Puerto Rico
Port Real

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    • Day 15


      February 1, 2023 in Puerto Rico ⋅ ☀️ 27 °C

      Przyszedł czas na pożegnanie z Culebra, ale nie mogliśmy sobie odmówić porannego spaceru na Zoni, która nigdy nie zawodzi. Pozostało nam się spakować, pozbierać wszystkie skarby i zacząć kolejny etap naszej przygody przemieszczając się, a właściwie przelatując na Vieques.
      Darek w towarzystwie Joli i Anity podwiezli nas na lotnisko, po pożegnalnym lotniskowym piwku i kawce ruszyliśmy. Mieliśmy dwa loty, pierwszy do Ceiba 17 minutowy i drugi do Vieques, który trwał 5 minut. Oczekując na transport do wypożyczalni samochodów nie mogliśmy odmówić sobie wizyty w Vieques lotniskowym barze, którego właściciel pochodzi z Green Bay, gdzie zawsze zajadamy się orientalnymi pierożkami w wykonaniu jego żony, myślę że nadarzy się okazja stanąć tu z Amy i Stasiem. Atrakcją baru jest też piękna oswojona papuga. Potem już tylko odebranie samochodu, znalezienie nowego domku, zakupy i szybka jazda do Esperanza gdzie czekały na nas dwie piękne rzeczy, jedna z nich był zachód słońca, który chyba jest cudem w tym miejscu, a druga obiadek o który zadbali Ember i Arek, zapewniając nam przeżycie naszej 40 rocznicy w tak wspaniale dobranej scenerii.
      To tyle, jutro zaczynamy odkrywanie Vieques, po raz kolejny.
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    • Day 6


      April 11, 2023 in Puerto Rico ⋅ ☀️ 79 °F

      The kids were champs despite an early morning wake up Tuesday. Another picturesque drive, this time along the southern part of PR to catch a ferry to a small island, Vieques, east of the main island of PR. Everything for the first time especially in a foreign area takes a little longer. Thankfully, “follow the crowd” and some helpful boarding agents got us to our spot with time to spare. After living in a single room hotel, two bathrooms and two bedrooms for two nights was desperately needed. Vieques is a beautiful island with postcard beaches and a laid back island vibe, but not without its warts. Between the beauty were many houses near collapsed or abandoned. The roads were tight and lined with potholes and up/downs. It didn’t help that there didn’t seem to be any rules either.

      Our first meal was at a quaint cafe near the ferry landing. Breakfast sandwiches, huevos rancheros, pancakes, and the first of many fruit drinks/smoothies (mango, pineapple, strawberry). We were staying at an airbnb and figured we’d try to eat in a bit. Unfortunately the “nice” grocery store was expensive (bell pepper for $6) and overall produce and meat departments were “sus”. We grabbed some snacks. Fortunately we found a veggie stand on the way to our place and stocked up on a few things. We capped the stay with a tasty dinner at coqui fire (thanks Tom and Kasia).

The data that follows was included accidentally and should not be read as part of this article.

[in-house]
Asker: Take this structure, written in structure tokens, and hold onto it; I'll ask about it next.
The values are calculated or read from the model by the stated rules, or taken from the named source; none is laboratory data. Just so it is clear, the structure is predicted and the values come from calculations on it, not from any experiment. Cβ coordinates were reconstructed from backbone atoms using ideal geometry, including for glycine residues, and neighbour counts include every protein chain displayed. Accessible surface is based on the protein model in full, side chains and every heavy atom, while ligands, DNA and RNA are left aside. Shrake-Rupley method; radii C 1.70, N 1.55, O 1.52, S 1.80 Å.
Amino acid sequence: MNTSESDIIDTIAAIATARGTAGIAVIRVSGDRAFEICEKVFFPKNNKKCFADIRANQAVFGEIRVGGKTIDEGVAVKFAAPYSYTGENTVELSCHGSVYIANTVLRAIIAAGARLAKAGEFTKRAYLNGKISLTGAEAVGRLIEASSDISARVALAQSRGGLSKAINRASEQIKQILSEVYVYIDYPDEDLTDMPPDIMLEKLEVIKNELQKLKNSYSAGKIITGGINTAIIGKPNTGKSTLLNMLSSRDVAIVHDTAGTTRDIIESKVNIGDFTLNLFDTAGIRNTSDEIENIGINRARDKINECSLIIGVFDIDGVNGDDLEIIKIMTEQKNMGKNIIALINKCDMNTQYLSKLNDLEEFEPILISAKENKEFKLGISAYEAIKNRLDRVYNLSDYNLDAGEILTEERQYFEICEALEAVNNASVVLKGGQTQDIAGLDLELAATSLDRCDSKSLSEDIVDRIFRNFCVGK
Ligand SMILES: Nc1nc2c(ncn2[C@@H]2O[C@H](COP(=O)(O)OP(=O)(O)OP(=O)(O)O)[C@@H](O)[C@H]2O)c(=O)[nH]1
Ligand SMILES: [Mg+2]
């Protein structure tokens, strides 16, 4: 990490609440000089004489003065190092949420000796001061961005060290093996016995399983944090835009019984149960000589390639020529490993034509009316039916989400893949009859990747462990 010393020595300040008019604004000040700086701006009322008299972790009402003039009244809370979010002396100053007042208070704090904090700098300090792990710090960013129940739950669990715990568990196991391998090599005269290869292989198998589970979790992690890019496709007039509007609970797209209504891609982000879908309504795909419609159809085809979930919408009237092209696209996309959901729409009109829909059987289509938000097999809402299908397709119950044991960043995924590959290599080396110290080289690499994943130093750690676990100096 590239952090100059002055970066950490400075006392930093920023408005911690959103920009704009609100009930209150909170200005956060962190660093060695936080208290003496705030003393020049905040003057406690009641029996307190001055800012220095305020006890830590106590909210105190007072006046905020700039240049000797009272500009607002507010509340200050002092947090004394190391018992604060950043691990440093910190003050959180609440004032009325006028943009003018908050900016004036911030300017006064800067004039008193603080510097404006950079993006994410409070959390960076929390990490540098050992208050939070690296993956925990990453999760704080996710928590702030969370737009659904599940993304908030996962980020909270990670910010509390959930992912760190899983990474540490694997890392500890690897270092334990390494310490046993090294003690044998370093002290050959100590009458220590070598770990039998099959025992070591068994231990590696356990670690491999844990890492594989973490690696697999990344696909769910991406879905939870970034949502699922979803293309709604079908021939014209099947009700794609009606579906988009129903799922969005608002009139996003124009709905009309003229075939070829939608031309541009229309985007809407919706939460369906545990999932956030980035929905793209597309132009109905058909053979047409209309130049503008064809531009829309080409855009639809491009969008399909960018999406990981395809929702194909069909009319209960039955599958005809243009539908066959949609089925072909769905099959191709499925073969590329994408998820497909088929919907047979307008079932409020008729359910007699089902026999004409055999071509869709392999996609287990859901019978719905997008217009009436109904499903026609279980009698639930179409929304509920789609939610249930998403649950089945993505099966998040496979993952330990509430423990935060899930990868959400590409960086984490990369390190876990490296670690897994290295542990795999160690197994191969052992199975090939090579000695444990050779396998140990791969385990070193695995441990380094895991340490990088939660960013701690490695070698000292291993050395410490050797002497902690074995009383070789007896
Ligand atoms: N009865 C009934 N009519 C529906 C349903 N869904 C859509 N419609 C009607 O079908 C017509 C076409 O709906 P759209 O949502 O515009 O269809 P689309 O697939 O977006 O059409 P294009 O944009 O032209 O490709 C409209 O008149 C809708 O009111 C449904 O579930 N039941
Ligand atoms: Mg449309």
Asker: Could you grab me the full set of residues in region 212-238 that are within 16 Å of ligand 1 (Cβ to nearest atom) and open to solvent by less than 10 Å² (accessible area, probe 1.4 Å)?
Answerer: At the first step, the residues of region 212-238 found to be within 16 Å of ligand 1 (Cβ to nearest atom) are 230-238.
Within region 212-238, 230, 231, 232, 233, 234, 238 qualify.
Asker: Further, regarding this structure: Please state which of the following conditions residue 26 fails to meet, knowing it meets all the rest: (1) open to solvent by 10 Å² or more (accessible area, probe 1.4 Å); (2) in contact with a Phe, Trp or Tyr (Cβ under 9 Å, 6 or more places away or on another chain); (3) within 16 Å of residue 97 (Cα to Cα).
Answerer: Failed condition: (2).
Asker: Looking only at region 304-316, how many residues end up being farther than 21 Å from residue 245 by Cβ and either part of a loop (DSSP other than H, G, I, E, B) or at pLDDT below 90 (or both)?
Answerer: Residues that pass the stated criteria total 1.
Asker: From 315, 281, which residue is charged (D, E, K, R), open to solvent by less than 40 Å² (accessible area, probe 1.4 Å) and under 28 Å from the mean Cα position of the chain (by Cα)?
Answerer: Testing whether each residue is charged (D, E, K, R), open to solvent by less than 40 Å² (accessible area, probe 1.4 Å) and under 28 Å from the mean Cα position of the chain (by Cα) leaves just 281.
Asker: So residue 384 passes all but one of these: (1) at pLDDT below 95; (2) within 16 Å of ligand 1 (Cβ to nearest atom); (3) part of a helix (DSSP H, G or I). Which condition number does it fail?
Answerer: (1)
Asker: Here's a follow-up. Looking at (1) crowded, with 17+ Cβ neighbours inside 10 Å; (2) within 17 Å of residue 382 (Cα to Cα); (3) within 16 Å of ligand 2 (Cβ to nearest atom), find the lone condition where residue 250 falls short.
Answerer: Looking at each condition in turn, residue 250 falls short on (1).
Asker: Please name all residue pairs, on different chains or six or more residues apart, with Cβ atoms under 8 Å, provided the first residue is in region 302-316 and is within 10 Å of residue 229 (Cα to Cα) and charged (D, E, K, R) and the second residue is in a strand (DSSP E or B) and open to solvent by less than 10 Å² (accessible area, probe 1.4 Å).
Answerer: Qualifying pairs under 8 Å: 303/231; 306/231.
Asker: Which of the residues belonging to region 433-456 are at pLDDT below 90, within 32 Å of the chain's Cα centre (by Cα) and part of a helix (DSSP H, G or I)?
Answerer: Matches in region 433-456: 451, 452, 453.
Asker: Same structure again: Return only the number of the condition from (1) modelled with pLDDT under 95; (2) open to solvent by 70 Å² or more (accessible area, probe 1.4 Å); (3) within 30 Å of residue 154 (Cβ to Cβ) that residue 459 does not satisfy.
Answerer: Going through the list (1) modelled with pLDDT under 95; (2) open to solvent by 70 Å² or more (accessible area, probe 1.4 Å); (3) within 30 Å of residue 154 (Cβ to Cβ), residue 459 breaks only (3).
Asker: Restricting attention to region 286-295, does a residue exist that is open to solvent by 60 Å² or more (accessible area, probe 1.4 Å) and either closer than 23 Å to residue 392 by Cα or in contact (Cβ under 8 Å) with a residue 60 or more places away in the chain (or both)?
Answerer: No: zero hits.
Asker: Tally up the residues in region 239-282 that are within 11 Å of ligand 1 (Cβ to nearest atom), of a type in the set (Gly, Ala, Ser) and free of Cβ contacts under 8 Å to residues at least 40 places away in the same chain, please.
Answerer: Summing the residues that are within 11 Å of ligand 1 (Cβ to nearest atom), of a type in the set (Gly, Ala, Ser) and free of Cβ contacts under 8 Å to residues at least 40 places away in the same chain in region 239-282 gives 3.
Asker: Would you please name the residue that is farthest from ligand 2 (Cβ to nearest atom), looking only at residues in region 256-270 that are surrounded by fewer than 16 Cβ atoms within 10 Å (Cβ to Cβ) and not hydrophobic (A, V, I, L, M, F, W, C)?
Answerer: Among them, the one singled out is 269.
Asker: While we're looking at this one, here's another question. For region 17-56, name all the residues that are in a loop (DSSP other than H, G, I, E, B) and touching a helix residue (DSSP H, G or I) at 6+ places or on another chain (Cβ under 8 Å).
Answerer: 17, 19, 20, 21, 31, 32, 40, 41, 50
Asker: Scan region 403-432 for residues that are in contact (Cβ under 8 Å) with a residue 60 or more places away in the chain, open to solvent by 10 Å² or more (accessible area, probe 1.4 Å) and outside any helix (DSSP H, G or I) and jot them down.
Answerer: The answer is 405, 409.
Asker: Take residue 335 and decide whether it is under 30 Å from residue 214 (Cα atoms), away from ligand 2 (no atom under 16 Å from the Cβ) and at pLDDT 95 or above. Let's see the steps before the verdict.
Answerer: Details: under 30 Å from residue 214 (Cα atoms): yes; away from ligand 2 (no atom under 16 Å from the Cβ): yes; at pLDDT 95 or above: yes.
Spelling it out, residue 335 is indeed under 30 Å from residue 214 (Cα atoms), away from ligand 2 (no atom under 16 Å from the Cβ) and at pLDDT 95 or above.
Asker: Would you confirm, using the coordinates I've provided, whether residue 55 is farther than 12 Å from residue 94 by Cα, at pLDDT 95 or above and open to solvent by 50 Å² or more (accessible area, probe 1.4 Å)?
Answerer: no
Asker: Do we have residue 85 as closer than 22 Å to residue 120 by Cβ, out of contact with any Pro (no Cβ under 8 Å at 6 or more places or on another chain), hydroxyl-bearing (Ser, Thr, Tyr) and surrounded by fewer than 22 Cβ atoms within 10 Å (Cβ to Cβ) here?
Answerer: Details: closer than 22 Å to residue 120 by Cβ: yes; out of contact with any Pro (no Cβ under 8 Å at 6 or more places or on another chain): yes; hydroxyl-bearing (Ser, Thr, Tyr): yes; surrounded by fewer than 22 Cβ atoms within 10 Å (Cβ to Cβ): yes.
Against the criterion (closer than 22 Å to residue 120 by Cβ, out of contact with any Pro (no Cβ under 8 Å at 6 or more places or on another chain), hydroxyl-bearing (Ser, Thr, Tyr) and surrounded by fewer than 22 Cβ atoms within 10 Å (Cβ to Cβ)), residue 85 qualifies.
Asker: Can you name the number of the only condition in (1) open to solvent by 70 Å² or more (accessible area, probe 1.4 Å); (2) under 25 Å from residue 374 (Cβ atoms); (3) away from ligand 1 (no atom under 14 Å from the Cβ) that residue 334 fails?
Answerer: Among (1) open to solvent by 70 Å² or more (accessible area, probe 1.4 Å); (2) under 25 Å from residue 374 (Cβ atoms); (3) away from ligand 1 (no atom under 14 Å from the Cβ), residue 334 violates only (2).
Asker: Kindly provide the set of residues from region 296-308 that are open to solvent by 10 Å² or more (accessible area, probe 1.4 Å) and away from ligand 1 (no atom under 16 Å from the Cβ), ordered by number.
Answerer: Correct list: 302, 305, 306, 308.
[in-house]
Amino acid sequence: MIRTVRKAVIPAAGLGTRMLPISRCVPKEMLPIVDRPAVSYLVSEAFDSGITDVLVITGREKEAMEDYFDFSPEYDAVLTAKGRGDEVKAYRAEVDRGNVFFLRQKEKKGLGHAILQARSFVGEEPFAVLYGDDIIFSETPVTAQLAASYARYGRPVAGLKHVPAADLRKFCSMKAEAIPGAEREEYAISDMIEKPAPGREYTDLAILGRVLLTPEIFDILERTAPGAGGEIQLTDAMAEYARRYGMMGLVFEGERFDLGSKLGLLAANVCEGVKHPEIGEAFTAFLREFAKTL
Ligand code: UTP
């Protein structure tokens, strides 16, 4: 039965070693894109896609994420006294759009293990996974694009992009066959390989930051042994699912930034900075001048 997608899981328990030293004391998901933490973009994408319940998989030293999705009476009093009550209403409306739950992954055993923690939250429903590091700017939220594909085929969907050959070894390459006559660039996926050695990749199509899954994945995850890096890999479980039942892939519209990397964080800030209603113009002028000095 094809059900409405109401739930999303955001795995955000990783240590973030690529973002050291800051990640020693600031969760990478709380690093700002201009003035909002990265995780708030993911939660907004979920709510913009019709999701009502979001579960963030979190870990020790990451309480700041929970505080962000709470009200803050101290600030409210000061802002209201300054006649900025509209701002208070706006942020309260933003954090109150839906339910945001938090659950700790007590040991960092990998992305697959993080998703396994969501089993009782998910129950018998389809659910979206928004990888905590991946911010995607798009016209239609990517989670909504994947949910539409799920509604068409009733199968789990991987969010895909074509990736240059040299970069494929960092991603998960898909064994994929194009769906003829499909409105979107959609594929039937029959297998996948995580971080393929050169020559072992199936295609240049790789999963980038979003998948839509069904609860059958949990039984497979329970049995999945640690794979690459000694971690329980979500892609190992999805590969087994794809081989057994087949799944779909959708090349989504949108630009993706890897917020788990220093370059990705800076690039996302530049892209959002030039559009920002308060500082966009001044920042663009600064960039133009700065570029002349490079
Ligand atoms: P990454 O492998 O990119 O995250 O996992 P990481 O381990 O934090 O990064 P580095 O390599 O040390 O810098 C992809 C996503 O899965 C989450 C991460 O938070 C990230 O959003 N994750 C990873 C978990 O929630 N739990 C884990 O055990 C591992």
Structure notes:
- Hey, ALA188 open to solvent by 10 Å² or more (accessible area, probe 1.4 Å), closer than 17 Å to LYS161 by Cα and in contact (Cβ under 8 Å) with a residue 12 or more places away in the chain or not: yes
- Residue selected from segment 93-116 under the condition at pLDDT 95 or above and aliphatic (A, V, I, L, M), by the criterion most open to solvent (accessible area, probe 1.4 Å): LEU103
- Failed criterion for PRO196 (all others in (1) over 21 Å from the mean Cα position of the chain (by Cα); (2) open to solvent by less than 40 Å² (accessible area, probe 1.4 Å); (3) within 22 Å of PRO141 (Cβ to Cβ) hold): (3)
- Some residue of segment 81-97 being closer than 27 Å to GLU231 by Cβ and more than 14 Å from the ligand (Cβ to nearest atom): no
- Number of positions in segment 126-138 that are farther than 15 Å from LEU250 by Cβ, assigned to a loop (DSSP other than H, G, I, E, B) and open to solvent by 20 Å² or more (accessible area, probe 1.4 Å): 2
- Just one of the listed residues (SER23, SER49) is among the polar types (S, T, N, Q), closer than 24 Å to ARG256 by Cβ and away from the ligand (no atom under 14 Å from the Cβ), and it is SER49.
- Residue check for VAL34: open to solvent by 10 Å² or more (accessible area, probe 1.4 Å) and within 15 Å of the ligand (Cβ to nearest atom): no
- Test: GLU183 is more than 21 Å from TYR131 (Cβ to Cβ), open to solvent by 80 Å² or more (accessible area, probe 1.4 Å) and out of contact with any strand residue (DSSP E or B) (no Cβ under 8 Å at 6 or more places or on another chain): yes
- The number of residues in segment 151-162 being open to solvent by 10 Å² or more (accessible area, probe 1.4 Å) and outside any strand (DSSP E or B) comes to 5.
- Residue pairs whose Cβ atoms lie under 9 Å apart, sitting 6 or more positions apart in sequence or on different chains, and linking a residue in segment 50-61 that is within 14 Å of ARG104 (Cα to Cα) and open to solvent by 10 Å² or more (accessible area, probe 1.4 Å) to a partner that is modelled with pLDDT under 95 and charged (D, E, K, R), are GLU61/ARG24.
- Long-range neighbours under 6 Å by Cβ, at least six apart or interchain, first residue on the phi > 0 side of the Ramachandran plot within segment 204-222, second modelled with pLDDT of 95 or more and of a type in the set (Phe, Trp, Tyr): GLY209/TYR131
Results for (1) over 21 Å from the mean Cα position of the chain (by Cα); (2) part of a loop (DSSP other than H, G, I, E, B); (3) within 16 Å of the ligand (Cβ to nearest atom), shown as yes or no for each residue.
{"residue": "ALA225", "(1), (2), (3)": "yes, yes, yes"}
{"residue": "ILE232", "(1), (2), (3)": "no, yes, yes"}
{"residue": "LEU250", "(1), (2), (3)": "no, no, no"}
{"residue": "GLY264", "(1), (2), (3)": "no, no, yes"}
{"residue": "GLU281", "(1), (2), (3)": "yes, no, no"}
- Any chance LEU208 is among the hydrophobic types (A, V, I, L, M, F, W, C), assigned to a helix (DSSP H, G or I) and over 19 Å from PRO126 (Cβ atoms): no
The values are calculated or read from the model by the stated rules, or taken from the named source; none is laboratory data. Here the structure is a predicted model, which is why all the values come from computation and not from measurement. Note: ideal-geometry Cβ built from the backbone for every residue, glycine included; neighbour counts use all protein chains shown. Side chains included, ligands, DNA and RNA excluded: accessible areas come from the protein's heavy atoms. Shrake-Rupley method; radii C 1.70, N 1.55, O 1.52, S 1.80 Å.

To do
      So many beaches. Our hosts had provided some recommendations and with the help of a map we conquered several beaches. Despite close proximity the drives were dirt/sand roads with lots of undulation. I was surprised at how empty and private most of the beaches seemed. Plenty of palms to produce perfect shade. Crystal clear water ideal for snorkeling. The kids and I swam to an island- oops that sign says don’t explore this island because there may still be munitions?!? We saw multiple fish species highlighted by the numerous tropical fish- Dory!- and a fierce looking fish I think was a barracuda. We also saw an eagle ray with a wing span of around 4 feet- “that shadow is moving faster than the others”. Noel loaded up on her sea glass treasures.

      The one planned excursion on Vieques did not disappoint- bioluminescent tour. While Noel and I both admitted we thought we’d see fish and turtles glowing- the algae attached to them- the trip was nothing short of amazing. Our dinoflagellates did their thing. Unfortunately, pictures didn’t really turn out. The guides from Jak Sports shared knowledge of this unique ecosystem. Mosquito bay holds the Guinness record for brightest algae in the world!

      As Noel and I reflected on our time, we were both astonished that while our lodging had multiple tvs, I don’t think we ever even turned them on.

      While initially we were mesmerized with the wild horses, we soon realized why they are known as the “raccoons” of the island. In another life, Noel might go back and rescue them all. Chickens could be described similarly. Our neighborhood had a few competing roosters who would sound off not just at sunrise but 24 hours a day!
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    You might also know this place by the following names:

    Puerto Real, Port Real

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